A team of researchers from UC Davis has done some interesting research into the biochemistry of human milk, using a specialized lab-on-a-chip technology by Agilent.
From UC Davis press release:
Oligosaccharides are sugar-like molecules that are the third-largest solid component of breast milk, after lactose and lipids. More than 200 oligosaccharides have been identified in milk, but there has been no way to measure their presence in an individual sample in a single test or run. They do not have direct nutritional value, and their role in development is not clear.
A recent study published online in the Journal of Agricultural and Food Chemistry detailed the successful use of two analytical tools to identify oligosaccharides in samples from five women in single runs. The tools were a “glycan chip” developed by Agilent specifically for this purpose, and a time-of-flight mass spectrometer used to characterize each oligosaccharide by determining its molecular mass to a precision of two parts per million.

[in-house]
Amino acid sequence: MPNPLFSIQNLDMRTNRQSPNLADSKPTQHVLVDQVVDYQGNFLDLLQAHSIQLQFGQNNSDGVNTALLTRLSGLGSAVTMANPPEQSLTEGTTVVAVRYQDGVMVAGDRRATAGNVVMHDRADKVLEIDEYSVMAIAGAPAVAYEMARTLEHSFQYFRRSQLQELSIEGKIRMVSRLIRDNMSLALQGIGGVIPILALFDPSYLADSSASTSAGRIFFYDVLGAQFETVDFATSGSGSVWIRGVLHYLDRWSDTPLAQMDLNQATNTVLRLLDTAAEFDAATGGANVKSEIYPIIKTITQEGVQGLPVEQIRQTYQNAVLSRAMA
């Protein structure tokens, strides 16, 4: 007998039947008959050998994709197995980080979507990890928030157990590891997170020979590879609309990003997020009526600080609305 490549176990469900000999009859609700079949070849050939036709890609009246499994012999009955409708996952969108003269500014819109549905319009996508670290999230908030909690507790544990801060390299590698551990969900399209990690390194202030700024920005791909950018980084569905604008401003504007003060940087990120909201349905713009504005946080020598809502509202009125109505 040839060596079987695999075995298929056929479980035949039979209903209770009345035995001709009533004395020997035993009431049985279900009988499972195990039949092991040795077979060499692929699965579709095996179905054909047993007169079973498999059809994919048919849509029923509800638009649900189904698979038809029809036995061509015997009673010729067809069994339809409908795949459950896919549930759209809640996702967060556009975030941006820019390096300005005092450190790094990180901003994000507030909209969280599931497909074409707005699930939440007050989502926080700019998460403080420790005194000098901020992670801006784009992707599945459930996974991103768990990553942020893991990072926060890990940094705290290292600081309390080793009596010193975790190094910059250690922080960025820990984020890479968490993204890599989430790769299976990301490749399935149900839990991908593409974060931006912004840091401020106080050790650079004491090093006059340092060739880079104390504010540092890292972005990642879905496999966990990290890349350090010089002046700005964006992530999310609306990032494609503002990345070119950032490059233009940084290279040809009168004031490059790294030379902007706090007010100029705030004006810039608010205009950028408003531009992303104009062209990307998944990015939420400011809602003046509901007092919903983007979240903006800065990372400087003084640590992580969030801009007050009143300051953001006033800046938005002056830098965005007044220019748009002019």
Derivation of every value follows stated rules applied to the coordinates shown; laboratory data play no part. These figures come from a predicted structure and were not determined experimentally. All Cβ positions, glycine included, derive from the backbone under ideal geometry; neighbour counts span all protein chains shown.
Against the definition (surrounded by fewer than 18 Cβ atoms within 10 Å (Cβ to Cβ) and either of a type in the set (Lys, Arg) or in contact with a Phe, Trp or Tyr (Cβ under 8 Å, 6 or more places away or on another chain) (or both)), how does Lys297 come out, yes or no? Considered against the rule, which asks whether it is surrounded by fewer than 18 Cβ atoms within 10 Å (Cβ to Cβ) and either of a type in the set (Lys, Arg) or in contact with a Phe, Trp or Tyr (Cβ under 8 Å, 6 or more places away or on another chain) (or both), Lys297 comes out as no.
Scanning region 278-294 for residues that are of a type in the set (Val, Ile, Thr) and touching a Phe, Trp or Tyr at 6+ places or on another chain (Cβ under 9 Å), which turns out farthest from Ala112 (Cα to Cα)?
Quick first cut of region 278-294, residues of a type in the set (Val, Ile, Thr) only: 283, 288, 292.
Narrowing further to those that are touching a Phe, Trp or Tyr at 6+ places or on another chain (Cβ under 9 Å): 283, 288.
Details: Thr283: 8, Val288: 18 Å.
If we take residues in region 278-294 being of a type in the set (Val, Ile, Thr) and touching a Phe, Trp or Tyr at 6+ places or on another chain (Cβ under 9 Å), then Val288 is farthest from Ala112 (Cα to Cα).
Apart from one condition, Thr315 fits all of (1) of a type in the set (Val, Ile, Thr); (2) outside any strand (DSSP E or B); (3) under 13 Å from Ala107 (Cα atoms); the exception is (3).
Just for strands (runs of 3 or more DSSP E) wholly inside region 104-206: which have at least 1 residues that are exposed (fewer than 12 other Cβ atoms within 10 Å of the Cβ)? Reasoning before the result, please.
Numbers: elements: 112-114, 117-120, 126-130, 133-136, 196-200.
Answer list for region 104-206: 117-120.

The researchers found large variations between women in the total numbers and abundance of different oligosaccharides, with the total number per individual varying from 33 to 124. Only a few oligosaccharides were common to all subjects.
The combination of techniques has enabled a more complete understanding of these complex oligosaccharides, said Carlito Lebrilla, professor of chemistry at UC Davis and lead author on the paper. The techniques could be extended to other glycan structures, with medical and therapeutic applications, he said.
The new technique paves the way for further research into oligosaccharide function in human development, said co-author Rudi Grimm, worldwide proteomics and metabolomics market development manager with Agilent’s Life Sciences and Chemical Analysis (LSCA) group.